Saudi Arabia’s First Arab Fashion Week Kicks Off, Beyond Fashionably Late

Listen Now

It was well beyond fashionably late to begin. But models finally took to the runway on Thursday in Saudi Arabia's first-ever Arab Fashion Week.

The event is one of the new entertainment opportunities opening up recently in the ultra-conservative kingdom.

The fashion show hit significant delays, with logistical problems forcing it to open two weeks later than planned. Designers and models had trouble getting travel visas, and the organizers had to change venues to tents on the grounds of the Ritz-Carlton hotel in the Saudi capital Riyadh.

As the event got underway, the backstage area was cramped and frenetic. Makeup artists and hairstylists worked their magic on the mostly Russian and Eastern European models, and designers made last-minute adjustments on their garments.

The first gowns by designers like Lebanon's Tony Ward and Bibisara from Kazakhstan were ultra-feminine — with long trains and an emphasis on sequins, feathers and beads.

These are fashions Saudi women might wear in private. In public they usually don a black, loose-fitting, floor-length cloak called an abaya.

Saudi women regularly attend fashion weeks in New York, Paris and Milan. But the kingdom is still highly conservative and there are restrictions on what types of clothes can be exhibited at the Riyadh show — no cleavage, nothing above the knee and nothing too transparent. The audience was female only.

Organizers were the only ones allowed to take pictures inside the tent and photos have to be cleared by government censors before publication.

Still, Lebanese designer Naja Saade says Saudi women have extravagant tastes and love lots of special details on their clothes.

"Saudi women like the European style, they like to look like European women," he says. "They like the handmade finishing. And the special dress, they don't like to be like someone else."

Jacob Abrian, the CEO of the Arab Fashion Council, the Dubai-based company organizing the event, says Saudi princesses are the biggest collectors of haute couture in the world. Abrian says it's not surprising Riyadh would see its own fashion week.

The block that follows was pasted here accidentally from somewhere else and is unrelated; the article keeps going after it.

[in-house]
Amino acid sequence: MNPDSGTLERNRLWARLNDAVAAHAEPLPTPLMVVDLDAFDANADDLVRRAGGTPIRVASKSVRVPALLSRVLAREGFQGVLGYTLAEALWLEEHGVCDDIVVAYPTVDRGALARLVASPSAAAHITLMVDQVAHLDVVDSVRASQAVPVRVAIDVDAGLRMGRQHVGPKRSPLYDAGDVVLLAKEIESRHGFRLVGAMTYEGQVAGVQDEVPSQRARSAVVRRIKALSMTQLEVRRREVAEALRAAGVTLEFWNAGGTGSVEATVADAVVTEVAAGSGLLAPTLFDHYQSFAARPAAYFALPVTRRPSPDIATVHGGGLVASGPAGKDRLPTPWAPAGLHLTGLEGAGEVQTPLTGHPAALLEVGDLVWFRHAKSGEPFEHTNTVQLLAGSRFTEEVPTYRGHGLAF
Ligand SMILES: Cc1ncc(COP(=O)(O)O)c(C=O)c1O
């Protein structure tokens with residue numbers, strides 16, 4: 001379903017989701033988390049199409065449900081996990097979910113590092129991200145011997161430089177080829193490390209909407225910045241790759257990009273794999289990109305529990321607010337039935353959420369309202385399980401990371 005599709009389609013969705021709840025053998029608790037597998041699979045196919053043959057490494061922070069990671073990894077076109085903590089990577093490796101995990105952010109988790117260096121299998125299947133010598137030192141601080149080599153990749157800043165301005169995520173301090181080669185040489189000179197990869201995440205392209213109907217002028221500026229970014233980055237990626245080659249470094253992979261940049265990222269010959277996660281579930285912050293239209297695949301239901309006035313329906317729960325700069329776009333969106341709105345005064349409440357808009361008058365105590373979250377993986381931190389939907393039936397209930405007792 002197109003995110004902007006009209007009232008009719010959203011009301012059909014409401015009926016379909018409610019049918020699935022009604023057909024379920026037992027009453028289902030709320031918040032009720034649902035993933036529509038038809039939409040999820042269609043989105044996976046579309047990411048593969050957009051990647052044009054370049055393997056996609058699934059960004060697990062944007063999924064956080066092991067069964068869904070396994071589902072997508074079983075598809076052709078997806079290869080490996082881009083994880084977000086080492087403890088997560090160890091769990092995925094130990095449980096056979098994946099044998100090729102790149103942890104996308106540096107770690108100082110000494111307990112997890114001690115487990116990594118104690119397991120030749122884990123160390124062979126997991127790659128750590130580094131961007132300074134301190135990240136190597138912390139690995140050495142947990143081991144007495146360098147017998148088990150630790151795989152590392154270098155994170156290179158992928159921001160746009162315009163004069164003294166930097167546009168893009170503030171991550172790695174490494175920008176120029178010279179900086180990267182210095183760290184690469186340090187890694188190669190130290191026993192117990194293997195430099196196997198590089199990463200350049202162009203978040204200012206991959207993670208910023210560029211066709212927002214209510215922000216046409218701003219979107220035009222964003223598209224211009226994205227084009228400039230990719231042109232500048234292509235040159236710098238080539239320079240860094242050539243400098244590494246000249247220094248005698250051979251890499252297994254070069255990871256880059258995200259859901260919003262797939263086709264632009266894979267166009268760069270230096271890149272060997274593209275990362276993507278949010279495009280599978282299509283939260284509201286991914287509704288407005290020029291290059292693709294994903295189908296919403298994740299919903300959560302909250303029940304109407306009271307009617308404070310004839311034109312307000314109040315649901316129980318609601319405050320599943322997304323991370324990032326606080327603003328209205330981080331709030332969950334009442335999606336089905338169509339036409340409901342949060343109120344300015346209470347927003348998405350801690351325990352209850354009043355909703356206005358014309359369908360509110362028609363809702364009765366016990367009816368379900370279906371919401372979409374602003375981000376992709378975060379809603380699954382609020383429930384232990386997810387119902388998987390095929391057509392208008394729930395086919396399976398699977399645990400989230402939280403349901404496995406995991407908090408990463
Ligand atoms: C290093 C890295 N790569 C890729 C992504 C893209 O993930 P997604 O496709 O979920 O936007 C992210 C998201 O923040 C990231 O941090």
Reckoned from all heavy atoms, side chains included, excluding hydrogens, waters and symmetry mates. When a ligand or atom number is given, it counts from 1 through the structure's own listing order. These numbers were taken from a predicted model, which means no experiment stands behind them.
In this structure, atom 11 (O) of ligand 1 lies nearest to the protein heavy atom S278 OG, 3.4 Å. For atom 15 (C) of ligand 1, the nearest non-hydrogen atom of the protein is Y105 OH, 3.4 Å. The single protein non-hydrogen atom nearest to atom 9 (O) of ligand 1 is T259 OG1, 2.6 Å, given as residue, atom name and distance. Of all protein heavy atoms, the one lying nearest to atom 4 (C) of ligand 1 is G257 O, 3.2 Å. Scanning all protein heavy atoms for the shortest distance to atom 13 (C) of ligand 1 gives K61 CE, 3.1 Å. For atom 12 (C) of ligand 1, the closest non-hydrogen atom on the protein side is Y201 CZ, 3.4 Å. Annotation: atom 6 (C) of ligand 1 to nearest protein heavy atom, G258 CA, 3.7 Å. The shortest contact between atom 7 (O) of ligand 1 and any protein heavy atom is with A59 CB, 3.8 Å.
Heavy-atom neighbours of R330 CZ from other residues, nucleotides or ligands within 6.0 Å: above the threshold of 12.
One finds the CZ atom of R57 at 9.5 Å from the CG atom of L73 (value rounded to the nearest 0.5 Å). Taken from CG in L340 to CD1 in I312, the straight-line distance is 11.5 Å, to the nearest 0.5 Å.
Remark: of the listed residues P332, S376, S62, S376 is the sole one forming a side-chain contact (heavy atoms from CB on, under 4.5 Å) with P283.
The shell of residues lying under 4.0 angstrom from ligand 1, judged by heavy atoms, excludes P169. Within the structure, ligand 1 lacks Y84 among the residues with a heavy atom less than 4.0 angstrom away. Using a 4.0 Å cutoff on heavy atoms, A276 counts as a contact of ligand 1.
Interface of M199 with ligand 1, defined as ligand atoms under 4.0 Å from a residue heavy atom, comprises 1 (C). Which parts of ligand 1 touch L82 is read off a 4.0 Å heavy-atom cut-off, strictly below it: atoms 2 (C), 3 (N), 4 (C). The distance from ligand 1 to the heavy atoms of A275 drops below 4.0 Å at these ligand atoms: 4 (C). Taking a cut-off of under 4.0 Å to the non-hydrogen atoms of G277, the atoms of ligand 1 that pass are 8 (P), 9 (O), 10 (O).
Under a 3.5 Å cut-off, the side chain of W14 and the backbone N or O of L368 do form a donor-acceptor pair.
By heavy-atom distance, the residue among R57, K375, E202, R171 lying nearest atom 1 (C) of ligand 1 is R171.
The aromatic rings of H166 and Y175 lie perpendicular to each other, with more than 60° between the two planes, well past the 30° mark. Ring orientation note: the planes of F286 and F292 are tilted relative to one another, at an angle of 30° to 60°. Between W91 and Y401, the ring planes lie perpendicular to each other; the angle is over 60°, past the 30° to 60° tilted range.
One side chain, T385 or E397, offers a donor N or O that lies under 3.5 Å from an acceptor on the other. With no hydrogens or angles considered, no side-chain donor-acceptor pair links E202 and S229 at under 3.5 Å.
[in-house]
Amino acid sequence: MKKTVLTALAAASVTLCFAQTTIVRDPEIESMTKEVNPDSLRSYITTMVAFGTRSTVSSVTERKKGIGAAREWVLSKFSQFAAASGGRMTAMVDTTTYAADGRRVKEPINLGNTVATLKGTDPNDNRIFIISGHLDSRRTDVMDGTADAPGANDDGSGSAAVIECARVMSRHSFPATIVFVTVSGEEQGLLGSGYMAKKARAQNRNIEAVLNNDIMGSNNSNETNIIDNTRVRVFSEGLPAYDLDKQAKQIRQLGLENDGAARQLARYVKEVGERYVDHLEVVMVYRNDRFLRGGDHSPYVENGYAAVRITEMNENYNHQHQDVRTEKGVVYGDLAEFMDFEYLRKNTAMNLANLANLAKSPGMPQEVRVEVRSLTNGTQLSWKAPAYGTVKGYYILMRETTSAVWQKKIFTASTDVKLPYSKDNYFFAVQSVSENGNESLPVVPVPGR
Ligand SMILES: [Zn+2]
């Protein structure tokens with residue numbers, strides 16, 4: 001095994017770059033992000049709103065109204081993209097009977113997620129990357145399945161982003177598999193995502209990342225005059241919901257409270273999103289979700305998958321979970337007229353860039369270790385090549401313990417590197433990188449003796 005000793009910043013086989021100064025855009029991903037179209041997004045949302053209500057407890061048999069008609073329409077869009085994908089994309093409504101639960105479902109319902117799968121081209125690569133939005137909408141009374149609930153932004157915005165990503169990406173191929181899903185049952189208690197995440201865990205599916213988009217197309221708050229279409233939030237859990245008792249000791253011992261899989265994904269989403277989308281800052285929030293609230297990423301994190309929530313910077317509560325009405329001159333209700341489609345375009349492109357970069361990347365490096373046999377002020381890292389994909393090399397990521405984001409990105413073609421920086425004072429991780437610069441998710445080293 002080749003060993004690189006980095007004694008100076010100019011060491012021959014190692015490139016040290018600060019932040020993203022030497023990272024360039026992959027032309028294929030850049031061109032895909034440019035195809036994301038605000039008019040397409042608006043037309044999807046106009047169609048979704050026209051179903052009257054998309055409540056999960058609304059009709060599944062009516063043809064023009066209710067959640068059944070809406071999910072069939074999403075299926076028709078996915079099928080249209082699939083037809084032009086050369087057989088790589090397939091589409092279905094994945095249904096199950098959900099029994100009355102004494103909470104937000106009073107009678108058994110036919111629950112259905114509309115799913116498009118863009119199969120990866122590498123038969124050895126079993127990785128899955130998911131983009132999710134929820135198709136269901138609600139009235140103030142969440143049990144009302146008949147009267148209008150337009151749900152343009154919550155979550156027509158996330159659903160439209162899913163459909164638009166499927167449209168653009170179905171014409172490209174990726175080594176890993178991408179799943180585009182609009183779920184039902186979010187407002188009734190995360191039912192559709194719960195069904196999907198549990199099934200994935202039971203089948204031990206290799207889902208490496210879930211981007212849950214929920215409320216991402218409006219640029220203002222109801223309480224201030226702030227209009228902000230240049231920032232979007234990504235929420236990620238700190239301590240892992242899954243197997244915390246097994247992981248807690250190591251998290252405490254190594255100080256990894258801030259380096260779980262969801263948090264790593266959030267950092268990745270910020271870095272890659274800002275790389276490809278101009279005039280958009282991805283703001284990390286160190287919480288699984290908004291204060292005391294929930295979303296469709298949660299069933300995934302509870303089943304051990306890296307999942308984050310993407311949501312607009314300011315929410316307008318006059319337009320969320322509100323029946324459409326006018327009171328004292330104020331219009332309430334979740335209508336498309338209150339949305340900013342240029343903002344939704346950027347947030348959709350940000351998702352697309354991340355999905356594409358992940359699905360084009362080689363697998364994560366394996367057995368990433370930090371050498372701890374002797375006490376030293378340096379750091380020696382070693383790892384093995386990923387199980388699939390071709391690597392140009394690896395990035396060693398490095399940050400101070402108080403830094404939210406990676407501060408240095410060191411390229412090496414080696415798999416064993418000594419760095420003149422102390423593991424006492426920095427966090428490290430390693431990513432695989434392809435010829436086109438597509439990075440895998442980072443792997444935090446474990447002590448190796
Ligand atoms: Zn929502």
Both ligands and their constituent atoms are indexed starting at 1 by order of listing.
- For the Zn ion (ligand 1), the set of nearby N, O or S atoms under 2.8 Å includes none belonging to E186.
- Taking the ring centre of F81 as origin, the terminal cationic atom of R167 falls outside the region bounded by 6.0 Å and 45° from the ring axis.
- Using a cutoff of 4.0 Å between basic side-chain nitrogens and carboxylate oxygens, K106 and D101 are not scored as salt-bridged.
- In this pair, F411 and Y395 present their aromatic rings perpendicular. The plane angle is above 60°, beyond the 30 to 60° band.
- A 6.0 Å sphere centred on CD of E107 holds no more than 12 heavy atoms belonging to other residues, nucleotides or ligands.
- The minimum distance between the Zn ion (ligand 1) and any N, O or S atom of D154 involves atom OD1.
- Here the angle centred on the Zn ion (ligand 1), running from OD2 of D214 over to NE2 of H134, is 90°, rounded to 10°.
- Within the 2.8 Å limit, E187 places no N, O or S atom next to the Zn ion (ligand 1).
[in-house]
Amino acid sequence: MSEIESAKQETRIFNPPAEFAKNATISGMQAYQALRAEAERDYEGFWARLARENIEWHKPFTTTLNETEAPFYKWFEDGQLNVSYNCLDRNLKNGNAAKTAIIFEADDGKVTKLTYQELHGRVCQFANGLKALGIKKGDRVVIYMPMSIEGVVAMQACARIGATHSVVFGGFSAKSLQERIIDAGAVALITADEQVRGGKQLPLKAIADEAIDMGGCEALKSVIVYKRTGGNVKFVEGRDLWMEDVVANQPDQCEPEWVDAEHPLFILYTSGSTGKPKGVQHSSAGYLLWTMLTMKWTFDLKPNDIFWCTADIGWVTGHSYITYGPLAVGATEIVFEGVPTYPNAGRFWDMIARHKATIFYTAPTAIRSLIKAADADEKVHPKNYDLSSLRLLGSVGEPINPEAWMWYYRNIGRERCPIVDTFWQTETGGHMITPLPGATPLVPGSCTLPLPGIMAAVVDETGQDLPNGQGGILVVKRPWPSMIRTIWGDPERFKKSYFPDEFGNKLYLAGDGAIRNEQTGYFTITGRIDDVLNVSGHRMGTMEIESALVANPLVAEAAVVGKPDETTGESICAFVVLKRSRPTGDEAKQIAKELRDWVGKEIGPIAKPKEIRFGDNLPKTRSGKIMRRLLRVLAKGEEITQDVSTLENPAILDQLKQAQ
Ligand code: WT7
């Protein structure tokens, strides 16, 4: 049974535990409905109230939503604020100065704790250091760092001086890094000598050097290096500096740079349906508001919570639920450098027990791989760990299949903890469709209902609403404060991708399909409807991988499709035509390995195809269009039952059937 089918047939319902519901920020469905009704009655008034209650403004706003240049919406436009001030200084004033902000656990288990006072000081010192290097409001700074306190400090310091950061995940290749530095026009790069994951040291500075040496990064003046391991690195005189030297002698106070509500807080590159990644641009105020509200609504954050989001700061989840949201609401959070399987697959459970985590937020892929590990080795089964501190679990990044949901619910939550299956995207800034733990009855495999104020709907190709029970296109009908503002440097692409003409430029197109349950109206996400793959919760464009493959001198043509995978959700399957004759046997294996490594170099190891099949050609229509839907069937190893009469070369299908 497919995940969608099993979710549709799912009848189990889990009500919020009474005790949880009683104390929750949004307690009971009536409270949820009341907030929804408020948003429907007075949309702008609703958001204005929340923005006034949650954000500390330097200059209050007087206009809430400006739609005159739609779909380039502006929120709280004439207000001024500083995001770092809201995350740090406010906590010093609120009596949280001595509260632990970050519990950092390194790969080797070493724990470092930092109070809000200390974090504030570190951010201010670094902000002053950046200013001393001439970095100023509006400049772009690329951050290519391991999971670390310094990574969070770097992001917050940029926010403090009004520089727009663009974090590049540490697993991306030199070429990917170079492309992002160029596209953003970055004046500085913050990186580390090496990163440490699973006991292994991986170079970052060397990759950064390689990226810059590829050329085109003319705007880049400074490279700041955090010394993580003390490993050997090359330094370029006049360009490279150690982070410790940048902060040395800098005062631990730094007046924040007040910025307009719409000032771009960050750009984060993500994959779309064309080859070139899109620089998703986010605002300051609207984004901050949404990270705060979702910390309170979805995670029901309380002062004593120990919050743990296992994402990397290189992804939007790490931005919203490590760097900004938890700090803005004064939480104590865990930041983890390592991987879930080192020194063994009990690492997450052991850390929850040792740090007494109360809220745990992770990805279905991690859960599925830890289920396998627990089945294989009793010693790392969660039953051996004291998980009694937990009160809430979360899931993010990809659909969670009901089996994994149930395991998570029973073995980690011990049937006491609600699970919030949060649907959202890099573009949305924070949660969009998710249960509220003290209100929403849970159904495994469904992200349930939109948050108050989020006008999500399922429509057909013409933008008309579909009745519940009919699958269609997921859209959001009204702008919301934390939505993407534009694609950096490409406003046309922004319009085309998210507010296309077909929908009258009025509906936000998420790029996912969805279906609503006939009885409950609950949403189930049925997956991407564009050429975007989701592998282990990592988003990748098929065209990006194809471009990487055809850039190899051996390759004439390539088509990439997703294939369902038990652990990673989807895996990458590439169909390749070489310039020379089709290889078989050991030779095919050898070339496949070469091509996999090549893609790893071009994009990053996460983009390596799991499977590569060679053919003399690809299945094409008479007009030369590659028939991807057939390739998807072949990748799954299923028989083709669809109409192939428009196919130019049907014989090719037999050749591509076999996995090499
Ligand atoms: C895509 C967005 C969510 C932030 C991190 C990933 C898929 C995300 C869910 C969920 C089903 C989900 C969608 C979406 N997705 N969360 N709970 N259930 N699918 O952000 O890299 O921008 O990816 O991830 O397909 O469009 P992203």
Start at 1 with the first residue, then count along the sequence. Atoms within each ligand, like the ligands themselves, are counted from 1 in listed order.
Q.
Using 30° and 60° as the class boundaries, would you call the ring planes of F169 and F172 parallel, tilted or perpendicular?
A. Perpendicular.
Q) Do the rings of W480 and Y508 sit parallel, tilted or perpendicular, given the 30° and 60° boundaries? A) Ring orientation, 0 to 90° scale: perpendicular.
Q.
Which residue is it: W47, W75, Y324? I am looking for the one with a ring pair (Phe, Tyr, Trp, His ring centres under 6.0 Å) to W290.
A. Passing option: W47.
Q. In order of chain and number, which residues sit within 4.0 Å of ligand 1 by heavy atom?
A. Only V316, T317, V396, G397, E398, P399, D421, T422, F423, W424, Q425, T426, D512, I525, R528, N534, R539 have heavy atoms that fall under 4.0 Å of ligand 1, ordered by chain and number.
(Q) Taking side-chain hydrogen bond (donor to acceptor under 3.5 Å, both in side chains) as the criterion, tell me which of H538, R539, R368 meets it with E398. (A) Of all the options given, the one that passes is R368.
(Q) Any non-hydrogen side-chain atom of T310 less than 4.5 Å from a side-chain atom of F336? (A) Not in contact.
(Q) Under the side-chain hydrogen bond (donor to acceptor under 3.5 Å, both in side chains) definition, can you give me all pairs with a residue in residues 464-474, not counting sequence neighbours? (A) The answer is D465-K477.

"We decided to host a fashion week in Riyadh, considering the fact and the importance of Saudi Arabia as hub for the Arab world and as the most important markets in the Arab region for the fashion industry," he says. He adds that the country's relatively large young adult population and purchasing power are appealing for the industry.

Organizers did not immediately release attendance numbers. On opening day, many seats were empty. Logistical problems — plus the $400-per-night ticket price — might have impeded a larger turnout.

The list of designers include big names like Jean Paul Gaultier. Most are from Europe or the Middle East, along with some from Brazil or the United States. Several are from Saudi Arabia, including Arwa al-Banawi. She says her designs, including women's business suits, send a strong message about female empowerment at a time when Saudi Arabia is lifting harsh restrictions on women driving and working jobs. Banawi says it makes sense to have a fashion week in Saudi Arabia now because of all the changes happening in the kingdom.

"It definitely is inspiring to me because women now want to become independent, they're working," she says.

As a designer, Banawi says she wants to make life easier for an independent woman "who is juggling between her life, family, going to work."

Even a couple of years ago, it would have been unthinkable for Saudi Arabia to host this kind of fashion event. Along with other moves like allowing movies and operas in, the government says it is trying to make the kingdom a more welcoming place for business and leisure. The effort is spearheaded by Crown Prince Mohammed bin Salman, who just returned from a nearly three-week visit to the U.S. to meet with President Trump and leaders in the financial, tech, and energy worlds.

The government has recently taken strong steps to curb rampant corruption in the kingdom, including rounding up more than 200 of Saudi Arabia's wealthiest and influential people and detaining them for about three months at the luxurious Ritz Carlton hotel — the same venue where Fashion Week is being held through Saturday.

Organizers are planning another fashion event this fall, hoping to turn Riyadh into a regional hub for fashion.

Copyright 2018 NPR. To see more, visit